Working with influencers is a great way for a brand to expand its presence, audience and create user-generated content. However, brands need to carefully look into an influencer before initiating a partnership.
As influencer marketing continues to soar, influencer selection becomes even more crucial to a campaigns success.
Why people buy followers
With powerful platforms like Instagram and TikTok, it’s not unusual for people to have hundreds of thousands of followers. Some people mistakenly think the most important factor for social media success is the number of followers somebody has.
However, social influencers sometimes buy fake followers to boost their follower count to appear as though they have more social influence and popularity than they actually do.
The problem with buying followers is that it gives you a very unbalanced account. You may have thousands of followers but you will have very little engagement.
Brands should be aware of influencers buying fake followers or getting their followers for free.
Signs of fake followers
Unfortunately Instagram (and every other social media platform) cannot eliminate all fake accounts, although it has been attempted. Determined scammers will find a way around security measures.
However, removing all fake followers is impossible. So here are several signs to help to determine whether an influencer has fake followers.
1. Unusual following numbers
The first way to identify whether your influencer has fake followers is by seeing a significantly unbalanced ratio between the number of followers and the number of accounts followed. If the number of accounts they follow vastly outweighs their own followers, it’s likely the profile isn’t genuine.
Genuine influencers tend to have similar patterns when it comes to following and follower numbers; authentic influencers are likely to have more accounts that follow them than people they follow.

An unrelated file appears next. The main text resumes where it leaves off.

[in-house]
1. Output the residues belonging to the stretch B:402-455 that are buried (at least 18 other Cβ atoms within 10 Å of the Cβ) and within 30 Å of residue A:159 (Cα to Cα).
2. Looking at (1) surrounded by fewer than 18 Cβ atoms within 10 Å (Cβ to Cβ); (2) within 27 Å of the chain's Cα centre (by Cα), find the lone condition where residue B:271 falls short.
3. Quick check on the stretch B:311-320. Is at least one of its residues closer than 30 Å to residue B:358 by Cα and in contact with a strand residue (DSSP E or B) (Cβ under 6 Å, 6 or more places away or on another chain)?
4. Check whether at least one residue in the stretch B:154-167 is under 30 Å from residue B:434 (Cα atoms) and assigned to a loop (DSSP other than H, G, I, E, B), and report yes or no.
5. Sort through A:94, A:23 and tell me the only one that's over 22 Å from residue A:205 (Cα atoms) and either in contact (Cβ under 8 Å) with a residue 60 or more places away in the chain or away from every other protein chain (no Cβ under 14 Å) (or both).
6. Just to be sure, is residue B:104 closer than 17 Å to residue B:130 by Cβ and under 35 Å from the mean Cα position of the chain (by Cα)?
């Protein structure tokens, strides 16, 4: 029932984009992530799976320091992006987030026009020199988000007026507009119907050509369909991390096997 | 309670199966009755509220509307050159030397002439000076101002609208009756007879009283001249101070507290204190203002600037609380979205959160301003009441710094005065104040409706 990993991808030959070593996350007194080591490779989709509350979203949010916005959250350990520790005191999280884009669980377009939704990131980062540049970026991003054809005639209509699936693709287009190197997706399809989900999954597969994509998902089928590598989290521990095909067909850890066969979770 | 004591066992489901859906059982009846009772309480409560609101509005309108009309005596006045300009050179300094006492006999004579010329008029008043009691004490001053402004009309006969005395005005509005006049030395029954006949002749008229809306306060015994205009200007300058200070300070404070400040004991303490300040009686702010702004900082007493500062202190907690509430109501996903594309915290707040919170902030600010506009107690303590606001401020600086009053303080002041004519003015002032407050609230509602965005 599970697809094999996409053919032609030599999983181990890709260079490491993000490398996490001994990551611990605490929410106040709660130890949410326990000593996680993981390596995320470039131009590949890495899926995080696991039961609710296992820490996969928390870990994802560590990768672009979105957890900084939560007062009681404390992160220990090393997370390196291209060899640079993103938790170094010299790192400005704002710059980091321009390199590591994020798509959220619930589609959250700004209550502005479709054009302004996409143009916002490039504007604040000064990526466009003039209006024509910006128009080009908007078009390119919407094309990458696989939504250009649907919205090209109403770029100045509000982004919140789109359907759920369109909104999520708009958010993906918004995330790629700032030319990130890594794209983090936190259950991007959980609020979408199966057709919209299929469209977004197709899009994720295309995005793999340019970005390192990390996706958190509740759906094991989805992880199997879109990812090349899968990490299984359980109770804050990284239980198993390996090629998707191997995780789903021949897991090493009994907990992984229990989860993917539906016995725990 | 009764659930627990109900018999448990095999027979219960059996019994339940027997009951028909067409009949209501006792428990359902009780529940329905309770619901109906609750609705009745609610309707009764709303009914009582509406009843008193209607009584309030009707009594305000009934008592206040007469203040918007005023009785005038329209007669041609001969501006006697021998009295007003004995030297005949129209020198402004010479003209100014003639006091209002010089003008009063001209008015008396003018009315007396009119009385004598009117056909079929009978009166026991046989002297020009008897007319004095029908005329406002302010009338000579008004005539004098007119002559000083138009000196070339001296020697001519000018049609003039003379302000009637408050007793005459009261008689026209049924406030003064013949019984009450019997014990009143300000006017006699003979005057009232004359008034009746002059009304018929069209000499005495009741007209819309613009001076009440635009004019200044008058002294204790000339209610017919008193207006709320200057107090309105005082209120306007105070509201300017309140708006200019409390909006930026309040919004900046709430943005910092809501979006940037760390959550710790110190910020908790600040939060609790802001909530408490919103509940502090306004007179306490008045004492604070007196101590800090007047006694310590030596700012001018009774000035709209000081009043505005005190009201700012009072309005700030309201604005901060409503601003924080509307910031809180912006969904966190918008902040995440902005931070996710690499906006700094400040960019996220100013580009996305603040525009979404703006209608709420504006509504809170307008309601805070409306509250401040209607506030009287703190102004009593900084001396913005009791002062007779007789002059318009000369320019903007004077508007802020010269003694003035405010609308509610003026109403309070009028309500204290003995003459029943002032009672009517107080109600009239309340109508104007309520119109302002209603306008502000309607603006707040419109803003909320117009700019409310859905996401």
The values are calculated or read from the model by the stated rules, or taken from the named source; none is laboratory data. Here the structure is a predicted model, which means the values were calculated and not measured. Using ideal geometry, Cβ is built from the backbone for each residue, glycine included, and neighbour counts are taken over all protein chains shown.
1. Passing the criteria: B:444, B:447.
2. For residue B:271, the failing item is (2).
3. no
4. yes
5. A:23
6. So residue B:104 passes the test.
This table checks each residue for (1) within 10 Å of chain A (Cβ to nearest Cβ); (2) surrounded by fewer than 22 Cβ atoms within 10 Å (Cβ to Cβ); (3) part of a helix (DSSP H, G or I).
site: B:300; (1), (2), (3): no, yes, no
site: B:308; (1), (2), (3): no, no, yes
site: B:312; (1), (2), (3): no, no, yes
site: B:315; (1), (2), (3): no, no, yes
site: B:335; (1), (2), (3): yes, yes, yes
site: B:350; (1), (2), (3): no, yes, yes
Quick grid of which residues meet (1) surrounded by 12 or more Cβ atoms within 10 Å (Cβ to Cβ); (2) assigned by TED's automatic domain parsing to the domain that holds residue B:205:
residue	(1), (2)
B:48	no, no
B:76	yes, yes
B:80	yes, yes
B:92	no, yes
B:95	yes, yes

2. A sudden increase in followers
In a case of normal follower growth, trends will be fairly consistent over time. A sudden increase in followers may indicate artificial ways of acquiring them. If an influencer is followed by users that have not posted and/or lack a profile picture, you can assume these followers are fake.
However, keep in mind that there are cases of posts going viral resulting in a rapid increase of followers overnight.
3. Very low or very high engagement rates
At first glance, influencers with large numbers of followers could look appealing as they seem to offer huge audience reach. However, a quick way brands can figure out whether an account has fake followers is through looking at discrepancies by comparing the number of likes and comments to the number of followers.
Very low engagement rate indicates they have fake follower accounts whereas high engagement rates suggests they have automated engagement bots among their followers.
Genuine accounts tend to have similar patterns within their engagement rates, which are typically reflected in their follower and following count.
4. Spammy and irrelevant comments
If you are still unsure of whether an influencer account has fake followers or not, take a look at their comments section!
You can normally spot genuine comments as they’ll usually directly reference the content in the post. Comments that are repetitive or very generic like ‘good job’ and ‘great photo’ are usually due to fake followers and bots.
Here are some examples of spammy and irrelevant comments:
- Repetitive comments (e.g. ‘Beautiful’, ‘Great photo!’ and ‘Wow!’)
- Out-of-context comments (e.g ‘Beautiful girl’ on a landscape photo)
- Comments using only emojis
It’s also good practice to check the accounts that are making these types of comments. They usually have very few or no followers and likely to have generic or random Instagram handles – big giveaway for bots!
How Dyzio tackles fake followers
With the popularity of influencer marketing seeing no sign of decline, the need for brands to analyze influencer followers is becoming prevalent.
Dyzio has developed a range of tools to help brands analyse an influencer’s followers. Dyzio can produce an audience credibility score for each creator by assessing the following criteria:
- How many verified followers are there? (verified followers are good)
- How many posts do the audience members have? Audience members with low posts are (less than 5) are more likely to be bots.
- If the audience member has more than 50 posts we consider that a GOOD account.
- If the audience member has an anonymous picture we consider that a BAD account – highly likely to be a bot or rubbish account.
- Does the audience member have a profile pic with no faces in it? Highly likely to be a bad account.
If you’d like to tap into the power of influencers or gain a deeper understanding of your influencers audience credibility, get in touch below or email email@example.com